using half-normal and normal distributions). Conventionally, Bs < 0.33 have been considered
noteworthy evidence for the null hypothesis, while Bs > 3 have been considered noteworthy
evidence for the alternative hypothesis; values between 0.33 and 3 have been considered as
only weak or inconclusive evidence (Jeffreys, 1939/1961). The R script for all Bs, SPSS data
files and Qualtrics files for all studies are available via the Open Science Framework: All conditions and measures are reported.
Study 1—Babyness, Gender, and Appetite for Meat
In study 1, we sought an initial test of whether an image of a baby animal, when paired with
an image of meat, might effectively reduce appetite toward the meat, relative to when the meat
is paired with an image of the adult version of the same animal. We also examined, in an
exploratory manner, whether this might be the case independent of whether the animal is from
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a familiar animal (cow) or exotic source (kangaroo). Since unfamiliar meat is often met with
reduced sensory appeal (e.g., Tucker, 2014), we expected meat from exotic animal sources
to be rated less appetizing than the same meat from a familiar source, but we refrained from
speculating about whether familiarity would interact with baby status or gender in any man-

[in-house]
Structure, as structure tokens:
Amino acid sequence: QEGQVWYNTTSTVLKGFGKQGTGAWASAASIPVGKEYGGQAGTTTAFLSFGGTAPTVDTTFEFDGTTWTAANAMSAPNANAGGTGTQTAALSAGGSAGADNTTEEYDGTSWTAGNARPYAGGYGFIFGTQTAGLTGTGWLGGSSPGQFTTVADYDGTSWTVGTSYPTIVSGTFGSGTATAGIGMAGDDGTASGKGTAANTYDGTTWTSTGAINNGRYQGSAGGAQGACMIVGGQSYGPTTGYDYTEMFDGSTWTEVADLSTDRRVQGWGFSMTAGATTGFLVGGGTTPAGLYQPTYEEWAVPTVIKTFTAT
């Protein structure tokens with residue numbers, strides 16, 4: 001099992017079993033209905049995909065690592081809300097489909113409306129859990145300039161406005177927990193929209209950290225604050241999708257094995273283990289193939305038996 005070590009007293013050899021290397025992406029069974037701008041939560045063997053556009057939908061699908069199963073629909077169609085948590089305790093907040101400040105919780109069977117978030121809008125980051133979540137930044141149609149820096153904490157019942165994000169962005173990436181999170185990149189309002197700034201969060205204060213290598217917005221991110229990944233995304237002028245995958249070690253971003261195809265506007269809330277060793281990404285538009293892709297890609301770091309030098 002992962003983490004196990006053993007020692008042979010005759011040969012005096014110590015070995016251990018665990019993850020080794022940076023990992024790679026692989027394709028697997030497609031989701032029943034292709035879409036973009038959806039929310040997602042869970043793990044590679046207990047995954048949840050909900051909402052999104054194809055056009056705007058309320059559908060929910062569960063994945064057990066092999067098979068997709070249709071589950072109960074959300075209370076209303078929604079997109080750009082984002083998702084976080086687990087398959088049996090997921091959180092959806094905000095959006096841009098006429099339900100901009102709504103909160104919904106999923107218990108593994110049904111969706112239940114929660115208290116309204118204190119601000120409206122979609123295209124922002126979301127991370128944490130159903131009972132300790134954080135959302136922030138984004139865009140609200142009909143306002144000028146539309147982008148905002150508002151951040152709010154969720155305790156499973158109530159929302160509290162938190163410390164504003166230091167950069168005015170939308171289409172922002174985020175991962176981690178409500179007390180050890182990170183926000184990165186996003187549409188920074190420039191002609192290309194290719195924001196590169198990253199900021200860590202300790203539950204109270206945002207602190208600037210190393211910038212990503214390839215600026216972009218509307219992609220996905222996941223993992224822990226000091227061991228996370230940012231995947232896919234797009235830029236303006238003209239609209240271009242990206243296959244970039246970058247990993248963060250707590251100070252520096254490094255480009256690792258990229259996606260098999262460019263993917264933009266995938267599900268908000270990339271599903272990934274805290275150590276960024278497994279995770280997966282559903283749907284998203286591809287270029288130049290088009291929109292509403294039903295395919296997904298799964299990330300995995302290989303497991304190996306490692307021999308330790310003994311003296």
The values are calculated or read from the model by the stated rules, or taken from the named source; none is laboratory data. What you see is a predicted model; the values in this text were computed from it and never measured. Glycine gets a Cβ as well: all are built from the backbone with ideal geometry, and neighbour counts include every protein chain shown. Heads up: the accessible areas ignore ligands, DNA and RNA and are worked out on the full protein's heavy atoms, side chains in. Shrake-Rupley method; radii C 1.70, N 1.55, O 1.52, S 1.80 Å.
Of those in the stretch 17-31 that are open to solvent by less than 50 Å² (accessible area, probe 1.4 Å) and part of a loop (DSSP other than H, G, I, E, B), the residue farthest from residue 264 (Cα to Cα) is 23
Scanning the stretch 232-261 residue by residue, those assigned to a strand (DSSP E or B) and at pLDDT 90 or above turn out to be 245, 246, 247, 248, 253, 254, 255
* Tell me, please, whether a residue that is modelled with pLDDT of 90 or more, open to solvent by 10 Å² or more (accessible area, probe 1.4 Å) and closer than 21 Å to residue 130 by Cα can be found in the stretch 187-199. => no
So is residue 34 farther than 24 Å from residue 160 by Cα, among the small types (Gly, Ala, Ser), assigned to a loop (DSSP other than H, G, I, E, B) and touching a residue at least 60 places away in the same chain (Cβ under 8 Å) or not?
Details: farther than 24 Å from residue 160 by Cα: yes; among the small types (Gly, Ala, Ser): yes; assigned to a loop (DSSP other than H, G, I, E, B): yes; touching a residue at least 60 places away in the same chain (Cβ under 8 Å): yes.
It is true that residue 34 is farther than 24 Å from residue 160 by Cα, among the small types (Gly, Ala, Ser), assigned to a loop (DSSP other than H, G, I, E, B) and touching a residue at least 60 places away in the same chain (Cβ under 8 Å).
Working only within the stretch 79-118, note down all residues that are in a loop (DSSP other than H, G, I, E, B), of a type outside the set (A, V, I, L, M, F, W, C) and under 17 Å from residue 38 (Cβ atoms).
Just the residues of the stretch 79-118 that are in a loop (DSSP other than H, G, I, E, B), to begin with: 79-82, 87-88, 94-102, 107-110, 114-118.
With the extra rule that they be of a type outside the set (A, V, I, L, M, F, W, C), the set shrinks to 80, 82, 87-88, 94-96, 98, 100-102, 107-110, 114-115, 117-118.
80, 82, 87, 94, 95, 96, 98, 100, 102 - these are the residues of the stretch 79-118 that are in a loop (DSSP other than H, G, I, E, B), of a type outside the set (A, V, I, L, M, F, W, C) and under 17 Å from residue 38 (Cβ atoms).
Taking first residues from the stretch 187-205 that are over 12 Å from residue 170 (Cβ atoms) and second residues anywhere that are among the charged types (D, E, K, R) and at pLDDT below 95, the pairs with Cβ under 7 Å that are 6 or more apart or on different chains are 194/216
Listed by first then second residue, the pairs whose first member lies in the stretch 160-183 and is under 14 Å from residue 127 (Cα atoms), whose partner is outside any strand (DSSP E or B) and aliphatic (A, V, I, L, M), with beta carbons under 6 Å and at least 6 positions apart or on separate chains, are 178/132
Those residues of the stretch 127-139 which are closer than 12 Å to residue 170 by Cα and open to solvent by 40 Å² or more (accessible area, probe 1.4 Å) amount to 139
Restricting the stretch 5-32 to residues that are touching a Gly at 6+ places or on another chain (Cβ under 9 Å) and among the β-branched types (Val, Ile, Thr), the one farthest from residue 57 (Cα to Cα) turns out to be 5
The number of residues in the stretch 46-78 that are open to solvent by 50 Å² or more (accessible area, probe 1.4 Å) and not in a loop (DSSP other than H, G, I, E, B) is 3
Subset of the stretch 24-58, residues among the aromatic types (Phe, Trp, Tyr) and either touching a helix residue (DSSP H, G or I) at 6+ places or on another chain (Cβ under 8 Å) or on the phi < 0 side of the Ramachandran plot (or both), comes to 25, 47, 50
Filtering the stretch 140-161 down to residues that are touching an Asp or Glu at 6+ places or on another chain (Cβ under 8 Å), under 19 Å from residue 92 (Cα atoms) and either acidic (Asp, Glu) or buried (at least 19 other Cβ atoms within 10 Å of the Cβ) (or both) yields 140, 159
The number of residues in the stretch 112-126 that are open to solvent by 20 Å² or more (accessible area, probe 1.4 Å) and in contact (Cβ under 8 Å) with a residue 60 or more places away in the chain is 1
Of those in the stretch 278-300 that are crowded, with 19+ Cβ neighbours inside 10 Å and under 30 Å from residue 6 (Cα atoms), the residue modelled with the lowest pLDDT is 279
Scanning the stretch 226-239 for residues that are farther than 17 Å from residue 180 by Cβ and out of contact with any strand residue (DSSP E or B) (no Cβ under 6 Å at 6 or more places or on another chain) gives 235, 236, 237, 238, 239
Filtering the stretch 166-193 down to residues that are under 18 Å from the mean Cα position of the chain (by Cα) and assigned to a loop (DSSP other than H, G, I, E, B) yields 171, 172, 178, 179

ner. We hypothesized that gender would moderate the influence of baby animals on appetite
for meat, such that women would find meat from baby animals less appetizing than meat from
adult animals, while there would be little or no impact of babyness on men’s appetite. We also
expected women to find meat from baby animals much less appetizing than men did, while
we expected women and men to converge more closely in their appetite for meat produced
from adult animals.
Participants: We recruited 172 participants via Amazon’s Mechanical Turk online labor market
(; for information about Mechanical Turk, see Paolacci, Chandler, & Ipeirotis,
2010). All participants were located in the United States and were paid $0.50 for their partic-
ipation. Four participants reported eating no meat at all or only fish, and thus were excluded
from the analysis. The final sample was comprised of 168 omnivores (i.e., individuals who “eat
meat and other animal products,” or who “eat meat, but only on rare occasions or only cer-
tain types of meat”). There were 100 males, 68 females (Mage = 31.92 years, SD = 9.54).
Design: We used a 2 (adult vs. baby animal source) 2 (familiar vs. exotic animal source) 2
(male vs. female participants) between-subjects factorial design, with random assignment.
Procedure and Materials: Participants were invited to take part in a study on “food prefer-
ences,” and were randomly assigned to one of the four conditions. They were presented an
image of a cooked meat dish (same for all participants) paired with an image of one of the four
animals (calf, bull, baby kangaroo [“joey”], or adult kangaroo; see online supplementary